By contrast, Lisa Anderson de-emphasizes biological, cultural and religious causes for the absence of democratic government. She advocates a balance of "political culture" and "structural" approaches, seeking a mid-point between the two (p. 86). Debunking the myth of "permanent cultural inclinations, "Anderson argues that religion is neutral in its impact on democracy and development and that political economy and external forces are indeed key variables in democratization (p. 88). The emphasis on multilevel analysis is also reflected in Gudrun Kramer's essay. The Middle Eastern regimes' strategies toward the Islamists, she notes, determine the political strategies of the latter. The internal dynamics, the theory and the practice of the Islamic movement are closely linked to the political experience of these groups as well(p. 123).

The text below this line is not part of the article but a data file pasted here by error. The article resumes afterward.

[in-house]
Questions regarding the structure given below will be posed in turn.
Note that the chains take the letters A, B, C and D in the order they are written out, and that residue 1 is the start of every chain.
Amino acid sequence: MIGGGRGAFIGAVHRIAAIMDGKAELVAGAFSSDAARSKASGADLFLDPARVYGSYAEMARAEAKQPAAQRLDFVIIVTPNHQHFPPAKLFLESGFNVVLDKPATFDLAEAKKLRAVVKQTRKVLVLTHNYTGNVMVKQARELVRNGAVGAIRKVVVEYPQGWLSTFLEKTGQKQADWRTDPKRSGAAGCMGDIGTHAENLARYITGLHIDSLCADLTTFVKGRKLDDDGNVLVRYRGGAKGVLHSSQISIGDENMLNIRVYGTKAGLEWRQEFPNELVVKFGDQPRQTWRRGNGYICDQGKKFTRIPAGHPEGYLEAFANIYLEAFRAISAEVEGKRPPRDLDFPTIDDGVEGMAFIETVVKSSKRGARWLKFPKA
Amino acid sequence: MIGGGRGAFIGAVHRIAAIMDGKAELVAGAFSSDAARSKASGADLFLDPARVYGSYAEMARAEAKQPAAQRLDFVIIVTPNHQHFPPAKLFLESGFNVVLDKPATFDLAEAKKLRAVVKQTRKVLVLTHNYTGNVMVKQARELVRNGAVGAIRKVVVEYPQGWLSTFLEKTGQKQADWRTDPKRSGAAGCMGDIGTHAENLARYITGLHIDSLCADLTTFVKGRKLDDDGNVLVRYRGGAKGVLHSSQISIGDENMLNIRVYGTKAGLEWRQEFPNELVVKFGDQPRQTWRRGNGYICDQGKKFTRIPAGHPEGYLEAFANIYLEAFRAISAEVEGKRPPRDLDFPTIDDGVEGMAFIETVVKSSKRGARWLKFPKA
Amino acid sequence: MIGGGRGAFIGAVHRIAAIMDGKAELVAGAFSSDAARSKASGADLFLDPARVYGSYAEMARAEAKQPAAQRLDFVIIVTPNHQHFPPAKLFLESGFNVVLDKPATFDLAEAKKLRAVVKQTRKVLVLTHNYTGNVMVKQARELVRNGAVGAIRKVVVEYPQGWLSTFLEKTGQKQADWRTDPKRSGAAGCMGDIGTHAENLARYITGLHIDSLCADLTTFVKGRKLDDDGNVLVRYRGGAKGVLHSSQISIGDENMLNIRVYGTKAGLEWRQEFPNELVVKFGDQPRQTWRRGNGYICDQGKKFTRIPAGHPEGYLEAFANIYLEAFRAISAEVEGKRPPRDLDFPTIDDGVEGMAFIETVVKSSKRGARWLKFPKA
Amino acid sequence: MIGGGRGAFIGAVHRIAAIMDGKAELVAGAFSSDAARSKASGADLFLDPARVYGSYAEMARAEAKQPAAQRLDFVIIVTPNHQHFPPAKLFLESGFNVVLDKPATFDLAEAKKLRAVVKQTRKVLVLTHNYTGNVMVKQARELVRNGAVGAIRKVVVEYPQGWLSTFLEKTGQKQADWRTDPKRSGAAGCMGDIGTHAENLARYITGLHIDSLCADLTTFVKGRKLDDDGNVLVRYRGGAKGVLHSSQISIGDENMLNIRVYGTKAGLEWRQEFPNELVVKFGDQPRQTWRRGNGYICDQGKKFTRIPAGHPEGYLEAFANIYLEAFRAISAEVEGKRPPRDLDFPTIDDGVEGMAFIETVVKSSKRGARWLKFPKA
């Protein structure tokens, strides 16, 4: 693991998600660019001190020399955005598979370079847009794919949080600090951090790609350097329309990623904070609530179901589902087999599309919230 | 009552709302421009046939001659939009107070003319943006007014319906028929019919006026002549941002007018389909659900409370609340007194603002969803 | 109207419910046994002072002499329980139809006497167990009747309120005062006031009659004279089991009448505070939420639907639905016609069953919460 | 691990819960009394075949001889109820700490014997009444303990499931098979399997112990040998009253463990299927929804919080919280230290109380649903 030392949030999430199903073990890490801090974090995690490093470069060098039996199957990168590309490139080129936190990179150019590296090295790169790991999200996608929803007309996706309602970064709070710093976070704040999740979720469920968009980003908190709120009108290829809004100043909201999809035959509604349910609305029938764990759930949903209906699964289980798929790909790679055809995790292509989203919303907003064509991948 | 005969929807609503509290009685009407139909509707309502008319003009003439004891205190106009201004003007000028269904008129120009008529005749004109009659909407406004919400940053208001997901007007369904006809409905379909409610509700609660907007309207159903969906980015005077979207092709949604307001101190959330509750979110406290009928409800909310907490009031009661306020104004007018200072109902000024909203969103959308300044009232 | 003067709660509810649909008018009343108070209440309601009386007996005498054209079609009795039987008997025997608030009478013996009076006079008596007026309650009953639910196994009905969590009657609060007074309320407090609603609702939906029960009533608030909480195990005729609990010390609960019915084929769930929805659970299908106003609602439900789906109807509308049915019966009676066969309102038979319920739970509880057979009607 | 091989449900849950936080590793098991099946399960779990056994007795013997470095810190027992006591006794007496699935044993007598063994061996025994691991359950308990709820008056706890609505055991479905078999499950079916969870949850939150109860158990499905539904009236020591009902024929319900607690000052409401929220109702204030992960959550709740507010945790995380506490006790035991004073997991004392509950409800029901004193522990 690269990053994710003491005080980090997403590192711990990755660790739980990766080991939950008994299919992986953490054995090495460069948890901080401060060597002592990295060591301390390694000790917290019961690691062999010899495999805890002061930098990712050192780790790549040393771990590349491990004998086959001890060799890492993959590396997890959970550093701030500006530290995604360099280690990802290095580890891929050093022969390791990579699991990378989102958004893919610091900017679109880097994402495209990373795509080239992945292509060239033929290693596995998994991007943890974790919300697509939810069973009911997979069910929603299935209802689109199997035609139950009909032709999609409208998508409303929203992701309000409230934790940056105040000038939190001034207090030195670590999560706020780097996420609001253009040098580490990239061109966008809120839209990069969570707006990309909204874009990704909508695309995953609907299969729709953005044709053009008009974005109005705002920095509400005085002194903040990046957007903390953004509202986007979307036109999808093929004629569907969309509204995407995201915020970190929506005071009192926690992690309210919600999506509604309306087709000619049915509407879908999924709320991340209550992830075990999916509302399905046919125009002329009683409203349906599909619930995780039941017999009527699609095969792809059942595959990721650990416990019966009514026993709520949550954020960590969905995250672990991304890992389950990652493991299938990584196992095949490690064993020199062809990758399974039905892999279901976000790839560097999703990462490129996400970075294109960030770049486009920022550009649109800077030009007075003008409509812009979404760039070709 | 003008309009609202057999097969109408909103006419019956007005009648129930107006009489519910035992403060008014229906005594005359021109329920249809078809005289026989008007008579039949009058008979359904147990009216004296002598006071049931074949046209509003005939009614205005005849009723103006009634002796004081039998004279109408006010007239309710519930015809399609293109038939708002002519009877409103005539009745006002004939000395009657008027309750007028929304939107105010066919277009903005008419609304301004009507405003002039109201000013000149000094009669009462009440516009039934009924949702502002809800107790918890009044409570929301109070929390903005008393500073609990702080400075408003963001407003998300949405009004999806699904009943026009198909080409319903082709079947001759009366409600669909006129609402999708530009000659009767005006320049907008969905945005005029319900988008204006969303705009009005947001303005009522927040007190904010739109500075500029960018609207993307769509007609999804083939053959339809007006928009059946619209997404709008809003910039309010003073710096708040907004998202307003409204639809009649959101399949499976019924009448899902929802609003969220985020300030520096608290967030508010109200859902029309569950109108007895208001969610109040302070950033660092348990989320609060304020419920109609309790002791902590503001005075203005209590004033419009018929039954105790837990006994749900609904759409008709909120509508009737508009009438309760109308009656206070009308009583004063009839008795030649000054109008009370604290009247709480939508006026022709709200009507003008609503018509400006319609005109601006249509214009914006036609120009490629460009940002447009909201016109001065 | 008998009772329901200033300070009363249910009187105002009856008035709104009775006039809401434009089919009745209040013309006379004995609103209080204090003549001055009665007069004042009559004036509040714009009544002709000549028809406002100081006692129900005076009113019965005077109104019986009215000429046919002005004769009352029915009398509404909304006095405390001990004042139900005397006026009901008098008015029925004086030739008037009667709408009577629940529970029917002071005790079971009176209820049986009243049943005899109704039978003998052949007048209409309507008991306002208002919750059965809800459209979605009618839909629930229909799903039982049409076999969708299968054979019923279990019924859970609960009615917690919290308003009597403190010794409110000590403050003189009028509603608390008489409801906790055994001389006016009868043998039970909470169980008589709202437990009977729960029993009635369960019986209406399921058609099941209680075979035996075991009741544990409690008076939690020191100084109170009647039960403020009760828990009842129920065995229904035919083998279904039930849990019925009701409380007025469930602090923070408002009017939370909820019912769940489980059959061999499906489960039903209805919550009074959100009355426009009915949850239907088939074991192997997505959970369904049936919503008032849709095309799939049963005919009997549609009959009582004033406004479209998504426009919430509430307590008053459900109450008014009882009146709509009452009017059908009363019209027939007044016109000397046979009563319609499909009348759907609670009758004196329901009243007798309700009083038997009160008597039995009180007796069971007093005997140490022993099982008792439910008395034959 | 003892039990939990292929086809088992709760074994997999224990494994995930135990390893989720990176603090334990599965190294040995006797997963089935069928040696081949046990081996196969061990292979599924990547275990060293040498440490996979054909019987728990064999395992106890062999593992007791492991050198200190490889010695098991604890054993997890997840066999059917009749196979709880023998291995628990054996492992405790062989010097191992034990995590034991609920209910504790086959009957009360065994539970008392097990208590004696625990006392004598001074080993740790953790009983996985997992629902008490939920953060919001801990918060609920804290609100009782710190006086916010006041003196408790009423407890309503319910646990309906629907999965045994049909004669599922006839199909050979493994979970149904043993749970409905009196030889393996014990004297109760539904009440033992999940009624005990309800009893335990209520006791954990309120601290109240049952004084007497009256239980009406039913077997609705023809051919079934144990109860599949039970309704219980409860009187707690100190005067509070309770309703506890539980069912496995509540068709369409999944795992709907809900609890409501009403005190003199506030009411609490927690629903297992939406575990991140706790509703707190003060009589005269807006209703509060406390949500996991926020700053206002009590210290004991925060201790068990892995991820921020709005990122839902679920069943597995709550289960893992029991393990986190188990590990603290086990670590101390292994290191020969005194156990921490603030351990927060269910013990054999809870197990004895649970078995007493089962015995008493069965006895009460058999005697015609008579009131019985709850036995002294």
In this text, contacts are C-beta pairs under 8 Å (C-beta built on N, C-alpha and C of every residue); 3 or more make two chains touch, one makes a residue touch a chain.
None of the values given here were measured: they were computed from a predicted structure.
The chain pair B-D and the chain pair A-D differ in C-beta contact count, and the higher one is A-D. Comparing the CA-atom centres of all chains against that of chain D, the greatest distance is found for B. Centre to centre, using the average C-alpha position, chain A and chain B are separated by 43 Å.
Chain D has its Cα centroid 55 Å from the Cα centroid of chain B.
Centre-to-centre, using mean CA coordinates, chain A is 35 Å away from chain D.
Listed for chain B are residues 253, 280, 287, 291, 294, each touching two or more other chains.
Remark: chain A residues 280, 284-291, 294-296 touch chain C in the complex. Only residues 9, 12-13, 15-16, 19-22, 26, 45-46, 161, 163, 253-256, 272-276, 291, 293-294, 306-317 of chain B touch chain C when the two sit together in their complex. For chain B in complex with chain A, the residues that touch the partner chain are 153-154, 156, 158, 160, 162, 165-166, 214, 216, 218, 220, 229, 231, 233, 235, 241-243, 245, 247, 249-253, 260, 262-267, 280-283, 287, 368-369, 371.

Part two is structured around the emergence and evolution of civil society and democratization. Here, the authors raise serious doubts about the future of civil society in the Arab world. They do so while examining components of the civil society: the press, the Islamic health clinics and the gender issue. Mustapha Kamel al-Sayyid argues against any formulation of a specifically "Arab" notion of civil society. Expanding the concept of civil society to include traditional groups or replacing it by other concepts more appropriate for Arab culture would dilute it and render the comparison of the Arab world with other regions rather difficult (p. 144). Al-Sayyidas asserts that the future of civil society in Arab countries is uncertain. Political liberalization has stopped short of full democratization in some countries(Egypt and Tunisia) and been reversed in others(Algeria and Sudan).Moreover, a doubtful commitment on the part of some of the Islamists might endanger the very survival of civil society itself(p. 145). Lise Garon notes that the press in Algeria does not seem to be a driving force in the process of democratization and cannot Prevent the erosion of plural ism (p. 162). Janine Astrid Clark points out that the availability of the Islamic medical clinics in Cairo has not translated into either support for Islamic groups or the need to be autonomous from the state (p.183).